Almost a quarter of farmers have been victims of rural crime more than seven times in their life, a new study has found.
A farm crime survey conducted by the University of New England, Armidale, has found that 23.3 per cent of farmers have experienced any type of farm crime more than seven times, while 76.8 per cent had been victims more than twice.
"One of the shocking statistics we found is repeat victimisation, which can vary from trespass or theft to gates being run down," said UNE Centre of Rural Criminology co-director Kyle Mulrooney.
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Dr Mulrooney said the survey of 552 farmers from geographical spread across NSW was to provide NSW Police and policy makers with data to help "garner attention and investment".
"We have information to target and combat farm crime generally. It will help police make the case that rural crime is a serious problem and farmers are being victimised at high rates," Dr Mulrooney said.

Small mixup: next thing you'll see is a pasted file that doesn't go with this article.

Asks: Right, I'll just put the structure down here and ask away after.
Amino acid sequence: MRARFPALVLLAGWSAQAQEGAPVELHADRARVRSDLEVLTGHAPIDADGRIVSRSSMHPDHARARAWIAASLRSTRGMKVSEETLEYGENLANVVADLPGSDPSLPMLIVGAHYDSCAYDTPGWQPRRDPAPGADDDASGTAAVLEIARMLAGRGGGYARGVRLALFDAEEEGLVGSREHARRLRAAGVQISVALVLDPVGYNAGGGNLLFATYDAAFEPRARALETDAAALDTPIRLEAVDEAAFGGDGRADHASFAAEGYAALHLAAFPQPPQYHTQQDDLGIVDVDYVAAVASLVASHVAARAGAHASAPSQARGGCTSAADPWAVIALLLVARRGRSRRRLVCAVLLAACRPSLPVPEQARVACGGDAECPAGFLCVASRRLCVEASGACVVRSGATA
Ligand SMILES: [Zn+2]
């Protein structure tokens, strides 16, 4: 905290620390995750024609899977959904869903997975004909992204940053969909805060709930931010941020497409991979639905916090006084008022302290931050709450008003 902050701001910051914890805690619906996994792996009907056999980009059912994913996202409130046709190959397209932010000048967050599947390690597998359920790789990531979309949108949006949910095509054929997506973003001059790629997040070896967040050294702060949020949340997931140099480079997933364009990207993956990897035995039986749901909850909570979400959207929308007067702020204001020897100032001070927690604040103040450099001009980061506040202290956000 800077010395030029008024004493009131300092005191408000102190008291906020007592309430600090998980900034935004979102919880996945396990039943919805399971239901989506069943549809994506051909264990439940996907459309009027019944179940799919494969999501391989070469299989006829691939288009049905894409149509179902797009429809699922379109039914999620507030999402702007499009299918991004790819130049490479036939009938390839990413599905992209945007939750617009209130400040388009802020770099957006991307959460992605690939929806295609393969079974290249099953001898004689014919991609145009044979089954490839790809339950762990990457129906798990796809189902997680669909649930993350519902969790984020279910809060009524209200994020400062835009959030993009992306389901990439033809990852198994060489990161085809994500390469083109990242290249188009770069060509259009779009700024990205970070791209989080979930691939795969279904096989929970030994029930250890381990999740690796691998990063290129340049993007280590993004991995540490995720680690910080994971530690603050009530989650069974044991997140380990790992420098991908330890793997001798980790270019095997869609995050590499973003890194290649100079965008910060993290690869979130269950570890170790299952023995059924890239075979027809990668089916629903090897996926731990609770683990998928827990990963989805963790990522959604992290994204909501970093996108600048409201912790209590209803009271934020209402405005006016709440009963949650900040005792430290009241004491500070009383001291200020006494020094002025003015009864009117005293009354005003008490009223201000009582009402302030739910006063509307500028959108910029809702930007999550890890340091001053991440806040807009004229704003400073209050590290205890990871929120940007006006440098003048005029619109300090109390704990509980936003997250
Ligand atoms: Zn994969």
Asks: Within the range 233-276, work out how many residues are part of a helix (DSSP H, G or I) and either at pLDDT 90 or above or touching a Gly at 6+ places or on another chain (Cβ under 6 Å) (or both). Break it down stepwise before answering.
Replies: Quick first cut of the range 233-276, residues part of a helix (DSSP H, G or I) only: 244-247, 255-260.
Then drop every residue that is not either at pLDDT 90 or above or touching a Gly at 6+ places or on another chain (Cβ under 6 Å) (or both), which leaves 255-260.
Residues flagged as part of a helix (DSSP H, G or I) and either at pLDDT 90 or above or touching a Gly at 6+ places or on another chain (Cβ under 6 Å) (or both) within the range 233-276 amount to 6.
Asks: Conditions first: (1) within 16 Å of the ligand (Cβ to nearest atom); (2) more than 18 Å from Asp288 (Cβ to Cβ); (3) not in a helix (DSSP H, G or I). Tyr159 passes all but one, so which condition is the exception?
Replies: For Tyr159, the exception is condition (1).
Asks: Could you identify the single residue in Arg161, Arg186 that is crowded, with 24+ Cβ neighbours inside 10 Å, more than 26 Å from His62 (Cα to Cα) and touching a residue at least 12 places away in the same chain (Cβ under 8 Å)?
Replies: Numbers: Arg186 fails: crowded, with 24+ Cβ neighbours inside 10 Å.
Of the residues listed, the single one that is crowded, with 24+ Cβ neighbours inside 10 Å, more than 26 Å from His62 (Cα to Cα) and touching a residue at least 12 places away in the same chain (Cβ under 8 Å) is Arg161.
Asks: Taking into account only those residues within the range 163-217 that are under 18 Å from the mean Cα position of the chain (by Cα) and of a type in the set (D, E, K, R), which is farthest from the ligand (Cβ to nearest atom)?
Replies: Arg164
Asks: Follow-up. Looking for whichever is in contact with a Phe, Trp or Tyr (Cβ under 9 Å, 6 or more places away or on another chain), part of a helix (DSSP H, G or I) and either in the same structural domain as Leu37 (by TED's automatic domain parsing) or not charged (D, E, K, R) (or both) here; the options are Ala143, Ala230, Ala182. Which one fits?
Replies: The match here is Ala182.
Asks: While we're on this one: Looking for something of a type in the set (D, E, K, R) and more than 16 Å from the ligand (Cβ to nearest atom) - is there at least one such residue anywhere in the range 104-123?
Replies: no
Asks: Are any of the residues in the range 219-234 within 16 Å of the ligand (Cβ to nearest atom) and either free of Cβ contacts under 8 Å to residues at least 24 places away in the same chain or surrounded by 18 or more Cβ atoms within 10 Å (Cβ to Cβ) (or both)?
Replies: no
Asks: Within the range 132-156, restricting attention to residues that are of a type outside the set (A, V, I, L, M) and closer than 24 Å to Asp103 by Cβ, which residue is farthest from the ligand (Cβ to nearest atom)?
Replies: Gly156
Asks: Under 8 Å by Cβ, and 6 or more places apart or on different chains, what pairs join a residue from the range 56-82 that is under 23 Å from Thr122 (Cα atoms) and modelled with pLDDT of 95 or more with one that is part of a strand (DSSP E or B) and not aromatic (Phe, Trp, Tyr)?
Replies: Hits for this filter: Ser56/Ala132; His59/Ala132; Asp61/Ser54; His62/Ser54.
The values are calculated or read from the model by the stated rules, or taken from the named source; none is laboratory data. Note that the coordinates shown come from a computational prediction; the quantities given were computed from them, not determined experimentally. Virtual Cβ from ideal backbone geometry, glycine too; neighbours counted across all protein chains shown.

Almost half the farmers had CCTV installed
Trespass was the highest experience of victimisation with 49.9 per cent, it was followed by illegal shooting and hunting at 40.7pc while 40pc had experienced livestock theft.
Of those surveyed nearly 50 per cent had CCTV installed on their properties.
He said the survey was also able to measure farmer's attitudes to police generally, as well as the Rural Crime Prevention Team (RCPT), with those that had contact with the team satisfied with police overall.
"What farmers want is offenders punished, they want to see more police presence and a team dedicated to combat farm crime," he said.
The RCPT has increased its numbers from 33 in 2017 to 52, with a further 12 positions to be recruited.
Full results from the survey will be published in the coming weeks.
The story Think crime isn't rife on farms? Study says otherwise first appeared on The Land.